What’s unbelievable here is that BBC radio has once again produced a show on an important topic in coverage of the Mideast conflict, but refused to present the balance necessary to fairly tackle the issue. (In March, the issue was the terms ‘terrorist/freedom fighter’, and the two BBC Radio guests were terrorist-sympathizers.) Certainly BBC Radio should have balanced out Philo’s anti-Israel views — which they present as ‘academic’ and therefore supposedly ‘neutral’ — with those of another British critic of BBC coverage, such as Trevor Asserson at BBC Watch, who has produced three exhaustive studies demonstrating the BBC’s anti-Israel bias.
Comments to BBC Radio 3: click here
(Hat tip: Arnold M.)
UPDATE: See the HR communique on this topic.
* The Baltimore Sun reports on the failure and irrelevance of the Palestinian Authority:
After more than three years of bitter fighting with Israel … the people of the West Bank and Gaza Strip are increasingly disillusioned with Arafat and the government he leads, the Palestinian Authority. The forces arrayed against him include many of the people who had looked to him as the person who could best help them gain an independent Palestinian state.
* IDF home demolitions are driving Rafah residents to confront smugglers (Haaretz):
Two angry residents of the Al-Salaam neighborhood in Rafah murdered Fathi Abu Ghali, who was active in Rafah’s popular resistance committees, after he dug a new shaft that connected to a smuggling tunnel, capping a series of actions by Rafah residents against tunnel operators
* NY Times: Differing attitudes among Orthodox Jews on Gaza withdrawal
* Anti-terror: Two Al Aqsa leaders killed in Nablus; foiled car bomb attack in Gaza
In February, we issued a communique on the media’s misrepresentation of the relationship between Yassir Arafat’s Fatah faction and the Al Aqsa Martyrs’ Brigade – one of the most deadly Palestinian terrorist groups. While the large media outlets were describing ‘loose ties’ between the two, the evidence clearly showed a direct and ongoing bond.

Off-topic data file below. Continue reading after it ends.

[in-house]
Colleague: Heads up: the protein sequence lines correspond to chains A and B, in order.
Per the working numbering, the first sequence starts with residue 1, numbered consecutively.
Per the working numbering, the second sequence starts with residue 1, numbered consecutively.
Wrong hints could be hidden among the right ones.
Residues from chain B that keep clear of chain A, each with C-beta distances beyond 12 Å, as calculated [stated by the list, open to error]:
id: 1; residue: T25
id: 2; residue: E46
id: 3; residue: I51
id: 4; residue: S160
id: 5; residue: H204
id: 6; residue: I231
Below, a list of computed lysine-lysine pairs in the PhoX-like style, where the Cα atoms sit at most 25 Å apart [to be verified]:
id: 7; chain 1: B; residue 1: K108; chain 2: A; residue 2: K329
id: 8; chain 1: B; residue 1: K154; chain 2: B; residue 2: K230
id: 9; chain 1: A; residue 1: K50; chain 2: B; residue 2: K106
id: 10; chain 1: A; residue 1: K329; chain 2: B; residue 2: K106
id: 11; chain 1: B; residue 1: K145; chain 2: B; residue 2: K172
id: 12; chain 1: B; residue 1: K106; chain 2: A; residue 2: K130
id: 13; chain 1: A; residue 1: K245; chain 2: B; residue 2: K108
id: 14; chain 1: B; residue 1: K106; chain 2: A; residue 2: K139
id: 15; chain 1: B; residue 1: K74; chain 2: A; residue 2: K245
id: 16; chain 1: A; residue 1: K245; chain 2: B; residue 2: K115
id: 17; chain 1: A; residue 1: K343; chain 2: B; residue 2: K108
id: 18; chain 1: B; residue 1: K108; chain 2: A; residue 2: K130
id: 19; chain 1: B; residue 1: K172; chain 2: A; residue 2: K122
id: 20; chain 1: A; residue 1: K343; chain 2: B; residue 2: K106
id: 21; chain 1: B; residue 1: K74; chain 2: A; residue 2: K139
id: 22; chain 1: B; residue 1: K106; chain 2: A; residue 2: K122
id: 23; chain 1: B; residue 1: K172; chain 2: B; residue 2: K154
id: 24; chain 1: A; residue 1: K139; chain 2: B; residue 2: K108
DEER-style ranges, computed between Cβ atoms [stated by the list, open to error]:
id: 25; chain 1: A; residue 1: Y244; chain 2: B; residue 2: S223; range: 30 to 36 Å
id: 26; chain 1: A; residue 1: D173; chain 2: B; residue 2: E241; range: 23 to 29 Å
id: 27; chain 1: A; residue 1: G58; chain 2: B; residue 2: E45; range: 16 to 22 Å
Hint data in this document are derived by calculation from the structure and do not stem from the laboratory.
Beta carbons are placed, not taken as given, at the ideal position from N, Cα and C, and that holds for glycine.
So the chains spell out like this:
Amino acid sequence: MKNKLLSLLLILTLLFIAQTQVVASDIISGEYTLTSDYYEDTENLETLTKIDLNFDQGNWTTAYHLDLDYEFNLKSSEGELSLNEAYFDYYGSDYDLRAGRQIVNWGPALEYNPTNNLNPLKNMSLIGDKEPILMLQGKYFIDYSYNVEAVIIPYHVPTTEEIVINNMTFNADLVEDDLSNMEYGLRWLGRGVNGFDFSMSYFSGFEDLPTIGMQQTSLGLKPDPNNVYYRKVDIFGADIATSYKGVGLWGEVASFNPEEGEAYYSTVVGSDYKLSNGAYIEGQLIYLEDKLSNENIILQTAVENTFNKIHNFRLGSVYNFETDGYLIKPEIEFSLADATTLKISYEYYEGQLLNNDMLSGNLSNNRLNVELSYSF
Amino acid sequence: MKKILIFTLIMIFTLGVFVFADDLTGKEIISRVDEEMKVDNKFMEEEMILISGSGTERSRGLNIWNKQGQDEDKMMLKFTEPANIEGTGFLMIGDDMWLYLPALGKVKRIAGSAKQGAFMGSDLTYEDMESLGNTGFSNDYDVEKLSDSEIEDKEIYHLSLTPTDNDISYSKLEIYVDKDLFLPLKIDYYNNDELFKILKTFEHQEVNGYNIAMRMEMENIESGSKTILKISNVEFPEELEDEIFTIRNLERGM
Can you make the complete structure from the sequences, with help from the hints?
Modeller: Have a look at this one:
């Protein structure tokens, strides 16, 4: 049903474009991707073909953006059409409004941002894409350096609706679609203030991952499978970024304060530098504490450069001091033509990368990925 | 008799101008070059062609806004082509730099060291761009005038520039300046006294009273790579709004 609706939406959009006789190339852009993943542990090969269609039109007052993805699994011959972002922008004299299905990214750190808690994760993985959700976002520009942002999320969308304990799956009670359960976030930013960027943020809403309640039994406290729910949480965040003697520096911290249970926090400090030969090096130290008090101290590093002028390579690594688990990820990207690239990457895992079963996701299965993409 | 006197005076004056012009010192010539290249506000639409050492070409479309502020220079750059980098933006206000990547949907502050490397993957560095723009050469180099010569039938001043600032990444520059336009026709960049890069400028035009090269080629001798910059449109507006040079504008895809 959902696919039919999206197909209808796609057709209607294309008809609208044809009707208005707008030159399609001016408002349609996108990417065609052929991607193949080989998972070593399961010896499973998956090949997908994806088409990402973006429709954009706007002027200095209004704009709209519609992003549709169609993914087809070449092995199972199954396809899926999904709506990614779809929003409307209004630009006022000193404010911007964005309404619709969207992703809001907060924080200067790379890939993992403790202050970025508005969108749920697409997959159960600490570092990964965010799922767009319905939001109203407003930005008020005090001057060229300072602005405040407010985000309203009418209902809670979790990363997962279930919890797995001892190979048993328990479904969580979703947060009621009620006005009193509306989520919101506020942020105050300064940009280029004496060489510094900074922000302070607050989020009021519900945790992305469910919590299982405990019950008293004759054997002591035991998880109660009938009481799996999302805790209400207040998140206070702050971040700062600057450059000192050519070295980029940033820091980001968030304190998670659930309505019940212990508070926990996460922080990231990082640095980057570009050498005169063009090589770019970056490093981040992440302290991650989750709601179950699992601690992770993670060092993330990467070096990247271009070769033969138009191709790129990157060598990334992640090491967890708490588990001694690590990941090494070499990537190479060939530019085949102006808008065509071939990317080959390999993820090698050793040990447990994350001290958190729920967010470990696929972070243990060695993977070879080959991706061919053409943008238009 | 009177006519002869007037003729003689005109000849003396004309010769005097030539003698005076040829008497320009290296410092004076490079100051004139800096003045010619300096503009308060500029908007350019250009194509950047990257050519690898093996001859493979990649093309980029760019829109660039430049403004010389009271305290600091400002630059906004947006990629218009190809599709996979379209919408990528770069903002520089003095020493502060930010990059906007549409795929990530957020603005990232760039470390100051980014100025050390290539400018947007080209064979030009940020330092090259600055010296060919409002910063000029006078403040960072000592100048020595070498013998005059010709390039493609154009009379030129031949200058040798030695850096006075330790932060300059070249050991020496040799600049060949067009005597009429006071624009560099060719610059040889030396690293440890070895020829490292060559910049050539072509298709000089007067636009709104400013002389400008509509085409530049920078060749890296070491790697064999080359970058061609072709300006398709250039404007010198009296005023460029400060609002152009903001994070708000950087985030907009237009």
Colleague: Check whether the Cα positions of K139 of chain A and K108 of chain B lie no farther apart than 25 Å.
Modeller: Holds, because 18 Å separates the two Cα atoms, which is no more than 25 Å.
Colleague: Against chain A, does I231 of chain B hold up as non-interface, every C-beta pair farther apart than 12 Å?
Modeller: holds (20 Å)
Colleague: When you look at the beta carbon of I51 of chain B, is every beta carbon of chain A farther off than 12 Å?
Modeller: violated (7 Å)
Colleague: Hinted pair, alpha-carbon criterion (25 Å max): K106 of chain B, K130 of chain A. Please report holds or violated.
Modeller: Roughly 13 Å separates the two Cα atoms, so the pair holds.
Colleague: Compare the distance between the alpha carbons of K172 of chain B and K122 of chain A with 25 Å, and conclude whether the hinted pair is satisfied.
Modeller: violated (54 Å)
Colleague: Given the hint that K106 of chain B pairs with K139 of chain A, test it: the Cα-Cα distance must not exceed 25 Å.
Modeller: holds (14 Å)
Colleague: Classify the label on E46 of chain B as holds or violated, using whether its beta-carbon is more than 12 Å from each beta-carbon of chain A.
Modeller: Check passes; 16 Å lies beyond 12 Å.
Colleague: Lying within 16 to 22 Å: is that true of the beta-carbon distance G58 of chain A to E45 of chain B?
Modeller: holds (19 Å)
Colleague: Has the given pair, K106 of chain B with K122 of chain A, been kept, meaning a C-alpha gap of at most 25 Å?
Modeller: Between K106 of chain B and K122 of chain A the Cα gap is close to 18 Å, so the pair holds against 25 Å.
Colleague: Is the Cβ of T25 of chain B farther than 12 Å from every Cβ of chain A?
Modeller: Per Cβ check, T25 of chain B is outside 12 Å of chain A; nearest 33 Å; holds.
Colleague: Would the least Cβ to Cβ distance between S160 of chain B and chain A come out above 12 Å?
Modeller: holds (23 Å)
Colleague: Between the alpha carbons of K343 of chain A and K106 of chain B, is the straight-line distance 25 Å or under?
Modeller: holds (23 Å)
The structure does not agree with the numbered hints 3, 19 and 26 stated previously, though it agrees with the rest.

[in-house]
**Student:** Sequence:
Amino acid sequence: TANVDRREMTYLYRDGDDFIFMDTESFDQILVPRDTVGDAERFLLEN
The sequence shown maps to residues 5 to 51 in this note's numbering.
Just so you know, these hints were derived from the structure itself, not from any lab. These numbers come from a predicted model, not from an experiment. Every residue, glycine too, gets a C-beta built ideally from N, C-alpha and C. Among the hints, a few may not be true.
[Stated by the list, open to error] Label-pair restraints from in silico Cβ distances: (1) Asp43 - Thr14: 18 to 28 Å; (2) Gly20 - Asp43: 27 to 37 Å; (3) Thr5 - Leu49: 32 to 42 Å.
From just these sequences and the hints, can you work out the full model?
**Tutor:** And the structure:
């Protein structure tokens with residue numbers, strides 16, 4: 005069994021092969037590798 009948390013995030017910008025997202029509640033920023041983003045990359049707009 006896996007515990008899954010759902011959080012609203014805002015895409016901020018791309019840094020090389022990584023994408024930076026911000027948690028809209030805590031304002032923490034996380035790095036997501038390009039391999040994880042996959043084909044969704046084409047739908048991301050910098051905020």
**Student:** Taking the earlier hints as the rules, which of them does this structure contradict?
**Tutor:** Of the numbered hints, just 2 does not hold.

Now, Fatah is openly acknowledging that bond. The Jerusalem Post reports that a disagreement between the two groups has led Fatah to publically recognize its obligations to the AAMB. For their part, the AAMB is feeling abandoned by their sponsor:
“Thanks to us, Fatah restored its dignity and power during the intifada,” [an AAMB leader] added. “But now the members of the Fatah Central Council are putting pressure on us to disband. We don’t trust them any more and we tell them that they are the ones who must go.”
Given this acknowledgement, there is now even less justification for media distortions of the ties between Arafat’s dominant party and this terrorist gang. As we noted in February:
This is not merely a semantic matter. The close ties that bond the Fatah-led PA to terrorist groups are the fundamental problem that prevents progress toward peaceful reconciliation. The dominant political party in the PA remains a direct sponsor of ongoing terrorism ? the ruling politicians and the terrorists are one and the same.
If you see a news article that continues to describe mere ‘loose links’ between Fatah and the AAMB, please notify us at firstname.lastname@example.org.
Via Yediot Achronot (Hebrew):
On Wednesday, IDF soldiers spotted a Palestinian couple in their 20s approaching the security fence near Kfar Darom in Gaza.
The soldiers at first thought they were dealing with suicide attackers, but something about the pair caused the soldiers to hesitate before opening fire.
After their capture, the couple explained that they had been seeing each other for six years, but their families disapproved of their marrying.
Out of despair, they decided to commit suicide by entering a forbidden zone so that the soldiers would shoot them.
After additional questioning, the two were released.